If you've noticed there are a lot of tourists around in the summer, it's because a lot of people want to come to the Bay Area. And these days, more and more people are using that fact to their advantage, and saving money on travel to almost anywhere.
It was a relaxing day at home in Santa Cruz. Dick Bonner watered the garden, his wife Kristine worked on the computer and later together they poured cocktails, and enjoyed drinks on the patio with friends.
But this isn't their patio or their kitchen. These aren't their family photos or their cat, Felix.
Matter of fact, this isn't even their house and the car isn't theirs either.
So who really lives at the home? Elaine Rivas and her two sons and at the time, they were neck deep in the waters off Mexico.
"It was great being on the beach and swimming in the great turquoise water," said Elaine Rivas.
Elaine's family swapped homes with Kristine and Dick of Texas for this summer. Elaine's family got to use their vacation retreat in Mexico.
Kristine and dick stayed at Elaine's home in Santa Cruz.
"I can't get over the beautiful plants, the flowers, the friendliness of everybody," said Kristine Bonner.
But the two families have never even met. They found each other online through www.exchangehomes.com.
"They're spending exactly two weeks there, we're spending exactly two weeks here, we take over the responsibilities of their household, and they're doing the same thing in Mexico for us," said Dick Bonner.
People all over the world swap homes through this kind of website. It's a way to take a vacation, without the expense of a hotel.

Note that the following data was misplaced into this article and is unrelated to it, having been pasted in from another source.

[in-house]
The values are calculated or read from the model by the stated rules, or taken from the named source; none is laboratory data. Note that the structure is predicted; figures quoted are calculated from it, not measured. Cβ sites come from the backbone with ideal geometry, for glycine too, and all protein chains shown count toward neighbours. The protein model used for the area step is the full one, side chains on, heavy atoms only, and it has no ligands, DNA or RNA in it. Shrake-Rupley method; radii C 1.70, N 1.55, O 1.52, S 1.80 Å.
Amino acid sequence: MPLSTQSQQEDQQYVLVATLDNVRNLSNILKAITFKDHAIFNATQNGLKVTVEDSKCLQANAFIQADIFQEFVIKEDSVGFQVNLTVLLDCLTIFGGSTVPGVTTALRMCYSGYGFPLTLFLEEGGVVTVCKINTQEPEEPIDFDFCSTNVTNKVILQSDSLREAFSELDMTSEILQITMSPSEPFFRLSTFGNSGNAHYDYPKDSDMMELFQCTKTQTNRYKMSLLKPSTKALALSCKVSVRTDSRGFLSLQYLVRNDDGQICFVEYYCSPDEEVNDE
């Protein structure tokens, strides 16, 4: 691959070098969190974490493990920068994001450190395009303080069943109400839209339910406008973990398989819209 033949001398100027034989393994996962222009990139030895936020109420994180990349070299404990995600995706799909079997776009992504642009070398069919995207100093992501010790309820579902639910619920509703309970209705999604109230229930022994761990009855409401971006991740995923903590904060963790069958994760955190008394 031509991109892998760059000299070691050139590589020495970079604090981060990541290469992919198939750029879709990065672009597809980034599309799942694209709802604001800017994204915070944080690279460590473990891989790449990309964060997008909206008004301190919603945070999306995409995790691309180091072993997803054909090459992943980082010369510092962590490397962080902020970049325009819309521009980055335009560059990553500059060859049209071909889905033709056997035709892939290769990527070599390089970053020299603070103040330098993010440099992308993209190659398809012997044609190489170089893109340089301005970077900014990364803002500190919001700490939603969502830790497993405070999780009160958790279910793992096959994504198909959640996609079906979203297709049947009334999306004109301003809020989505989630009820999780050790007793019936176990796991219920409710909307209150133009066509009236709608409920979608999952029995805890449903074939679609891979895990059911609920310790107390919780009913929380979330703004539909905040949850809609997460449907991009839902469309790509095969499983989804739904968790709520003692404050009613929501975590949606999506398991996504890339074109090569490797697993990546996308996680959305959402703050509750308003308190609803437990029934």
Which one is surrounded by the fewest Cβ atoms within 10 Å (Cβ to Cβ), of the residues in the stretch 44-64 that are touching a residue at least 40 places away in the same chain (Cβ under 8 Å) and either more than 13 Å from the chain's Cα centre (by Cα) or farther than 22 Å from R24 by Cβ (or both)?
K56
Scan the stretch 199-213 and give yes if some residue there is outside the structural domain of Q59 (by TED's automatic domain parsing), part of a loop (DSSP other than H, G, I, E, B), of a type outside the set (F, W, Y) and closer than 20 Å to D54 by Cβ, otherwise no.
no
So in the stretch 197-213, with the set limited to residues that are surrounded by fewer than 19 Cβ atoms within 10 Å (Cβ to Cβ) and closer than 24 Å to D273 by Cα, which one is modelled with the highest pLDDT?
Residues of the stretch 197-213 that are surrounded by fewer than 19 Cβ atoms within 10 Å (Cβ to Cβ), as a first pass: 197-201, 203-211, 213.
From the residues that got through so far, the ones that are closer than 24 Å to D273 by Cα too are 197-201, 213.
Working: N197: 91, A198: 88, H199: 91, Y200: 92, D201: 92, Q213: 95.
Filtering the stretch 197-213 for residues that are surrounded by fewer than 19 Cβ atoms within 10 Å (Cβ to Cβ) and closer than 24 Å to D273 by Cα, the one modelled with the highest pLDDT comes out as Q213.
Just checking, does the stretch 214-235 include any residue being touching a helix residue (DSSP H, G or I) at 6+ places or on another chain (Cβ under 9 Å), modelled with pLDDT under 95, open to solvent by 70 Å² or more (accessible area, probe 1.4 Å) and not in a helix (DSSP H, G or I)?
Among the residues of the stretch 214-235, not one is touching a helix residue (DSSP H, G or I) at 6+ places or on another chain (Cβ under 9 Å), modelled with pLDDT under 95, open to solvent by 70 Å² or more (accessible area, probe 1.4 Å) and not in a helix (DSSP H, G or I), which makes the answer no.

"Also, it's a much nicer place to stay than a hotel room. You're enjoying this person's home," said Dick Bonner.
"It's a huge cost savings not to have to figure out where you're going to stay," said Elaine Rivas.
The websites work like matchmaking services with a modest fee. It's up to the swappers to check each other out.
"We have correspondence with them and exchange pictures with them and we feel like we've known them all our lives," said Kristine Bonner.
These families drew up a home exchange agreement too.
"It's the first question people ask me is how do you trust this person you've never met," said Elaine Rivas.
"It's a mutual respect. That's what it boils down to," said Kristine Bonner.
So while Elaine and her sons toured the ruins near Cancun and relaxed on the beaches, Kristine and Dick toured the Bay Area and strolled on the boardwalk.
The families said it was a little like trading lives for awhile.
"You're in a new community, a new base and you have a home," said Elaine Rivas.
"You get to know them by the things that are around and you can imagine the life they've had," said Dick Bonner.
"You feel immediately at home. That's the nice part," said Kristine Bonner.
The Bay Area is one of the most popular destinations for home swappers from other parts of the country and the world if you live here, there can be lots of trade opportunities.